There are active gene therapy clinical trials for GM1, and ongoing preclinical studies. Clinical trials are a required part of the research process that aims to understand the way a drug or treatment will interact with the human body and whether it is safe and effective. Preclinical studies are an even earlier stage of research to confirm the safety and effectiveness of a treatment in animal or cell-based models before proceeding with a human clinical trial. To stay up to date on open clinical trials in the U.S. or globally, visit the ASGCT Clinical Trials Finder and search using the "diagnosis" filter.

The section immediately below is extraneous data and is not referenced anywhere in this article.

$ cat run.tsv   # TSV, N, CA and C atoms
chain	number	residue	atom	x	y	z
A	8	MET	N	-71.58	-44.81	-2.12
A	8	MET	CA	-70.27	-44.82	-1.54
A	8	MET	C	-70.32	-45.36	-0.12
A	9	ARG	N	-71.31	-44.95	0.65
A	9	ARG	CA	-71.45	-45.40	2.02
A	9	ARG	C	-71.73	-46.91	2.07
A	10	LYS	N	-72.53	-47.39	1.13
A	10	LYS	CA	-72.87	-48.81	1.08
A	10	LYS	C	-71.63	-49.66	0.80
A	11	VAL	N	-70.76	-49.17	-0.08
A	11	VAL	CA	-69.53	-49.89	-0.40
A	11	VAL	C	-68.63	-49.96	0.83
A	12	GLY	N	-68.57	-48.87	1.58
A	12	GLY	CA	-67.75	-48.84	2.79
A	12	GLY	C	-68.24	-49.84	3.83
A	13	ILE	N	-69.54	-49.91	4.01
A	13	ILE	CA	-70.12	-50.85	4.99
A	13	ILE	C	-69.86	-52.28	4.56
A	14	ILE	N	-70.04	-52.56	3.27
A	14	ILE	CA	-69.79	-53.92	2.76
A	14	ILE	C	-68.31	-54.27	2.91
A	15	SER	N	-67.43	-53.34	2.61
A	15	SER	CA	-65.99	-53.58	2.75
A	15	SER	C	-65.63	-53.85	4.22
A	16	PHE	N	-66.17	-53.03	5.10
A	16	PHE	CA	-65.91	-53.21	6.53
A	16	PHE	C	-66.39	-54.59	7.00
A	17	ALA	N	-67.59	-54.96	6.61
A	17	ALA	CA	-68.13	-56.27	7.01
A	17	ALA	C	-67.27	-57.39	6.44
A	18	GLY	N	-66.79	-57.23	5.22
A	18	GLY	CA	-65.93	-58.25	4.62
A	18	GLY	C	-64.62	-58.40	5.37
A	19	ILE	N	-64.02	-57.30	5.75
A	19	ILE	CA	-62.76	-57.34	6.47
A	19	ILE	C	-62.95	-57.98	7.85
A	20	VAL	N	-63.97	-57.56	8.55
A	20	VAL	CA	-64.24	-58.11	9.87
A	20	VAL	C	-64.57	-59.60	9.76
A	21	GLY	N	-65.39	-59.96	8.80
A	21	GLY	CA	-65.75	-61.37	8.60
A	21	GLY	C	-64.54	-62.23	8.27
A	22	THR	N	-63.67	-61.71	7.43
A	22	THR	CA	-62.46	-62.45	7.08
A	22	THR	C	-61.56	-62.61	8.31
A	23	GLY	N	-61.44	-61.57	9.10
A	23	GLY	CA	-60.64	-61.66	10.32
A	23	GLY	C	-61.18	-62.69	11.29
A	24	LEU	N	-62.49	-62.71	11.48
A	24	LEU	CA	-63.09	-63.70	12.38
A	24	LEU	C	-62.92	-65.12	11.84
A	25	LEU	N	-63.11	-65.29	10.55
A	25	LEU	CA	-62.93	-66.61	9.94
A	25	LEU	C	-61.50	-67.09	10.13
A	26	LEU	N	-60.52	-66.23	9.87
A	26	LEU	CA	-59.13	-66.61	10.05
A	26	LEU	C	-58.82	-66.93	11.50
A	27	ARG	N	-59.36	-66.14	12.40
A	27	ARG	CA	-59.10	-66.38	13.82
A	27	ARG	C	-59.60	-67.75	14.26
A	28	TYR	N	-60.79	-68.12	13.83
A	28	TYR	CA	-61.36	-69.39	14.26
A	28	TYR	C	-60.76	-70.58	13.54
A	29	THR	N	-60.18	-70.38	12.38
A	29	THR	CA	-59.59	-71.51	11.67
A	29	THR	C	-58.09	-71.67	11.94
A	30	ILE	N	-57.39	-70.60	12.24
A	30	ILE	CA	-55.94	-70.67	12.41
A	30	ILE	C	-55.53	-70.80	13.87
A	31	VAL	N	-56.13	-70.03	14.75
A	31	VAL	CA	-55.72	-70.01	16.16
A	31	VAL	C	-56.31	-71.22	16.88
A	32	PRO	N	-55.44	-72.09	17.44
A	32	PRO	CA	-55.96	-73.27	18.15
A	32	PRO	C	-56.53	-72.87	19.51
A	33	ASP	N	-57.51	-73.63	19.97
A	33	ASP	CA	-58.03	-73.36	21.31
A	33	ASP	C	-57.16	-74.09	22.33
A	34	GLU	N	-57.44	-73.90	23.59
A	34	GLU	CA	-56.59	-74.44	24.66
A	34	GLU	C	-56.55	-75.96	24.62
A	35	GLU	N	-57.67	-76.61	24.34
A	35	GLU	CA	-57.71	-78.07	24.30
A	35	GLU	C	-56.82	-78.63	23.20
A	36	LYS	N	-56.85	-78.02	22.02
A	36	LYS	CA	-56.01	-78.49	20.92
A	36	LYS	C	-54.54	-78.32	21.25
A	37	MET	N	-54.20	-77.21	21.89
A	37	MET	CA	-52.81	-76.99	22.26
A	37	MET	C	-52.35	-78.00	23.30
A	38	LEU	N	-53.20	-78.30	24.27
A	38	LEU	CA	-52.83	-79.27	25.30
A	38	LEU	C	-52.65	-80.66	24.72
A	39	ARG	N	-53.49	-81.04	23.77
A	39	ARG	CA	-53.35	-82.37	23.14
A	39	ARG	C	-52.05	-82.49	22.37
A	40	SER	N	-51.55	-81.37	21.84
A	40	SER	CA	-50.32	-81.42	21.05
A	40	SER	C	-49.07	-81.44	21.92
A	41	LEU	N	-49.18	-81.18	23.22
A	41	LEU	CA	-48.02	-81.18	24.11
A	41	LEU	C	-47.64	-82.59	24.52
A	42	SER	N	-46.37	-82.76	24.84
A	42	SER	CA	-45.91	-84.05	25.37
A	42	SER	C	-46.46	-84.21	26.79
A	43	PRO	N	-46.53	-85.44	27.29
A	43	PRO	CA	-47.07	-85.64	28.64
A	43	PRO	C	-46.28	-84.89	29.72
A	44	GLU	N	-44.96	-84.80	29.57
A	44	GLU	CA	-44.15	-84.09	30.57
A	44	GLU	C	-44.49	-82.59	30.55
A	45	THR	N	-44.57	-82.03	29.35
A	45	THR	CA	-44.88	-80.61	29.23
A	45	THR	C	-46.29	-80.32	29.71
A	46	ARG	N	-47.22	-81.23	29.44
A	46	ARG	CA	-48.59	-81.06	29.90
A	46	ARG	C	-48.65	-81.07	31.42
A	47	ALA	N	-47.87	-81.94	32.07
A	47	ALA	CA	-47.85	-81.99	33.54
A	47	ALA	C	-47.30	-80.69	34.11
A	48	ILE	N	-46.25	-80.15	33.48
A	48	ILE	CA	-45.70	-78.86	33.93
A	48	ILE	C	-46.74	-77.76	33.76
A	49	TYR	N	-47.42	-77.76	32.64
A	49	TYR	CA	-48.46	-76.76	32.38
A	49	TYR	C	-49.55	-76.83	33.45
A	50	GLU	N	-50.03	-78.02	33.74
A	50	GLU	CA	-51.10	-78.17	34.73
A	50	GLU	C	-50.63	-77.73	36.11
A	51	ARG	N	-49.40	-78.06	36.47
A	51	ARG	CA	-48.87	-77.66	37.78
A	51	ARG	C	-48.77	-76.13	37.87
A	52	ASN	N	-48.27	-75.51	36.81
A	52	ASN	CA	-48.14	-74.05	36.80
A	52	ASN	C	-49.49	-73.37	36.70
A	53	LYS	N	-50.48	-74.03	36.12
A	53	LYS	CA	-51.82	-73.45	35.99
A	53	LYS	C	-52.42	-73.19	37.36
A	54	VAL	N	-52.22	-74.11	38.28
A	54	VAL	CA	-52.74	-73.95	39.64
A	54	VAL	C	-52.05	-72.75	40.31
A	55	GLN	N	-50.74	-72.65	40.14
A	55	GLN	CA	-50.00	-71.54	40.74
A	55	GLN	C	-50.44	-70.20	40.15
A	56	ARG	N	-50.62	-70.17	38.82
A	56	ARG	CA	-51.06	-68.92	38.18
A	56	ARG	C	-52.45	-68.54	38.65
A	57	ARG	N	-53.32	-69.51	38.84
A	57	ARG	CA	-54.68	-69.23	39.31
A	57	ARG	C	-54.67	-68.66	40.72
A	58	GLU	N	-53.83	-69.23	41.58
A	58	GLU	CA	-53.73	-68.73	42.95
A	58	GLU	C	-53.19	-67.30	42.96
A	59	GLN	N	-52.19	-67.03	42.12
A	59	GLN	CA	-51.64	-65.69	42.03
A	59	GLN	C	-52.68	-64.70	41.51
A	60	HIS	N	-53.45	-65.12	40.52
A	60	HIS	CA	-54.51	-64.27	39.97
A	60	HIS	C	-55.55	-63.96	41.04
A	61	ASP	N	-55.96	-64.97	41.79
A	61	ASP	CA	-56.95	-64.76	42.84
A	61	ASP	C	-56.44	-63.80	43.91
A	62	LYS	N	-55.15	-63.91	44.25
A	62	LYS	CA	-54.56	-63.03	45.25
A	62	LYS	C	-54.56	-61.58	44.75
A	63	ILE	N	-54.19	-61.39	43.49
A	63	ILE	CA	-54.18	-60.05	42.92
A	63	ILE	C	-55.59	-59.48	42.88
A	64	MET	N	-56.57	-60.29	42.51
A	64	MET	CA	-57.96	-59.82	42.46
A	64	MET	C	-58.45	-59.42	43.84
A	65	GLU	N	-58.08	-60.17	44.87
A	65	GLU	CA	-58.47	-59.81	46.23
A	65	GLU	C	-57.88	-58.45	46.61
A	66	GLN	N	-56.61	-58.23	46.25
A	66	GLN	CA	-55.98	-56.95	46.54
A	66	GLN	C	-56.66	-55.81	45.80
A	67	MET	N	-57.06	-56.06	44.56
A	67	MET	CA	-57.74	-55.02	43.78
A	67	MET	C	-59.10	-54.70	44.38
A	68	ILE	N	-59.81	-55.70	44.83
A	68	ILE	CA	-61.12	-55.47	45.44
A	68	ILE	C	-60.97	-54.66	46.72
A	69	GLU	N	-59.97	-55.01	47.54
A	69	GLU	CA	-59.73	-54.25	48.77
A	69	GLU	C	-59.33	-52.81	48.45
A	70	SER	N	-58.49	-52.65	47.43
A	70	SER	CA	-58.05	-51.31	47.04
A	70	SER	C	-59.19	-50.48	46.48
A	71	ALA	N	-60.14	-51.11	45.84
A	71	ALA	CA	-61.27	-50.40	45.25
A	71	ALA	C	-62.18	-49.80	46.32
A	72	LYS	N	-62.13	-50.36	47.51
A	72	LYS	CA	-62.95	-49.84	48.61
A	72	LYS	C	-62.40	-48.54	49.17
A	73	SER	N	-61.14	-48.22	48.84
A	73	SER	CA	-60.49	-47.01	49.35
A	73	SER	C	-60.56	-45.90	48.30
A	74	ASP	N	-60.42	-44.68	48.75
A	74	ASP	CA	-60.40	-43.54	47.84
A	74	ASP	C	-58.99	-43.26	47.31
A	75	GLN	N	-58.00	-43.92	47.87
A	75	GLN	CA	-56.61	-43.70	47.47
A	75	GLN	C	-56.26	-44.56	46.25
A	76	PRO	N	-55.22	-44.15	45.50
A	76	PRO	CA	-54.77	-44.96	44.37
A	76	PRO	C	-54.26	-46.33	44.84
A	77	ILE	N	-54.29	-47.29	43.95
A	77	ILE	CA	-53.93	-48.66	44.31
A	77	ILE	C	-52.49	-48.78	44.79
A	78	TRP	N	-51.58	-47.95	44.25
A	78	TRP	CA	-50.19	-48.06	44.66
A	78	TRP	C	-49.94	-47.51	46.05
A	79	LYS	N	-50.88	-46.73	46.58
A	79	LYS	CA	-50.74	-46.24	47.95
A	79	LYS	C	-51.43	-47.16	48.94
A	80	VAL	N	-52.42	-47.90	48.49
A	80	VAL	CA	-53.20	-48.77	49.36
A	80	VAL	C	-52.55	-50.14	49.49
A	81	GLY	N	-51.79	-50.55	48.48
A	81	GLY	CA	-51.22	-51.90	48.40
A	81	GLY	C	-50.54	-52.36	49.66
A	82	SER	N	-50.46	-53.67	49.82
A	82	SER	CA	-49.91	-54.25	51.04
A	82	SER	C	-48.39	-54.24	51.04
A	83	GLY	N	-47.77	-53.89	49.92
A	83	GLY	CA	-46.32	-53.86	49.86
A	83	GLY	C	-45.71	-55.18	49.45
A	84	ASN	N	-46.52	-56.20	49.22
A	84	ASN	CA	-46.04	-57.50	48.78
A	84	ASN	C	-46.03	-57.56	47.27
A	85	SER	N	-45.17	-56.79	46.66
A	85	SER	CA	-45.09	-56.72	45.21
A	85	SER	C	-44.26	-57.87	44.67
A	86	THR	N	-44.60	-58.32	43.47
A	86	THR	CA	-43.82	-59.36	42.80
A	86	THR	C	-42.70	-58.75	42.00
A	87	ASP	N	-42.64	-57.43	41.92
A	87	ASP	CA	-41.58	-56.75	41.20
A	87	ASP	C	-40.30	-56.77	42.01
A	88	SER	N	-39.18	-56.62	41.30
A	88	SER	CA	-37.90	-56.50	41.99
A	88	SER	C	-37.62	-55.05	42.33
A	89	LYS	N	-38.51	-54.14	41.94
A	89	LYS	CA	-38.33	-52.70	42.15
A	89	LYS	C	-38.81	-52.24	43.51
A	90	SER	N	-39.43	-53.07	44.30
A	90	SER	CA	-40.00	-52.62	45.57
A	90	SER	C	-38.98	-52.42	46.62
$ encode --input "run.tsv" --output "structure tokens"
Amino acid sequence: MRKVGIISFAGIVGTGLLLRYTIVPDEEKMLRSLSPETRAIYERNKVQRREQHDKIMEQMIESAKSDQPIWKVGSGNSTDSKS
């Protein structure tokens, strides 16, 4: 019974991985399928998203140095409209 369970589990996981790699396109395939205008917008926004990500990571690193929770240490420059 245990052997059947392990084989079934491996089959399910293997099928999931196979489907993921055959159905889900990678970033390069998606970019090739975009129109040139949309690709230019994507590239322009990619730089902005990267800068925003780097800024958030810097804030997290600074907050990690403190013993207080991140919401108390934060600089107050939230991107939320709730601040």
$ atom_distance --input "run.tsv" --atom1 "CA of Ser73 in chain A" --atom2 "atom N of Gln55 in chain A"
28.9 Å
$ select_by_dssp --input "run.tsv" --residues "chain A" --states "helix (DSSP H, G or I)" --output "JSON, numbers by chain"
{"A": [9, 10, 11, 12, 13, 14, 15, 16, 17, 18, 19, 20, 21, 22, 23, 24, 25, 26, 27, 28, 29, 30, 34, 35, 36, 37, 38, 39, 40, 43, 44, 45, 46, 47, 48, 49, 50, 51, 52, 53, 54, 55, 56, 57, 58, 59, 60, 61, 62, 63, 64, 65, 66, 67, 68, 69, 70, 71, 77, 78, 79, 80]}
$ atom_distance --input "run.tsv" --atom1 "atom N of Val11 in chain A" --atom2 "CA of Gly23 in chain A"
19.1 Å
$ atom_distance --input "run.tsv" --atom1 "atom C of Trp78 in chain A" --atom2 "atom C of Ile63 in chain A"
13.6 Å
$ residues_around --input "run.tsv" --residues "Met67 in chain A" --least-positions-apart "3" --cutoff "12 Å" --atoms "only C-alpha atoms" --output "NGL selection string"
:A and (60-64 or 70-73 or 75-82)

Participating in a Clinical Trial

There is currently no effective medical treatment for GM1, only treatments for some of the signs and symptoms, but those do not alter disease progression. Therefore, some may consider an investigational gene therapy as an option. It is important to be well informed when deciding to participate in a clinical trial. Below are some key points to consider. Go to the considering a clinical trial page for more information and resources to help guide you.

  • Eligibility - Eligibility for a trial is based on strict inclusion and exclusion criteria. These are specific factors that determine whether a person can or cannot enroll in a clinical trial. This is an important way for researchers to understand if the gene therapy is working properly and to ensure participant safety. These criteria may include factors such as age, how advance the disease is, medical history, and more. Speak with a healthcare provider or a member of the clinical trial research team to help determine if you or your child may be eligible for a clinical trial.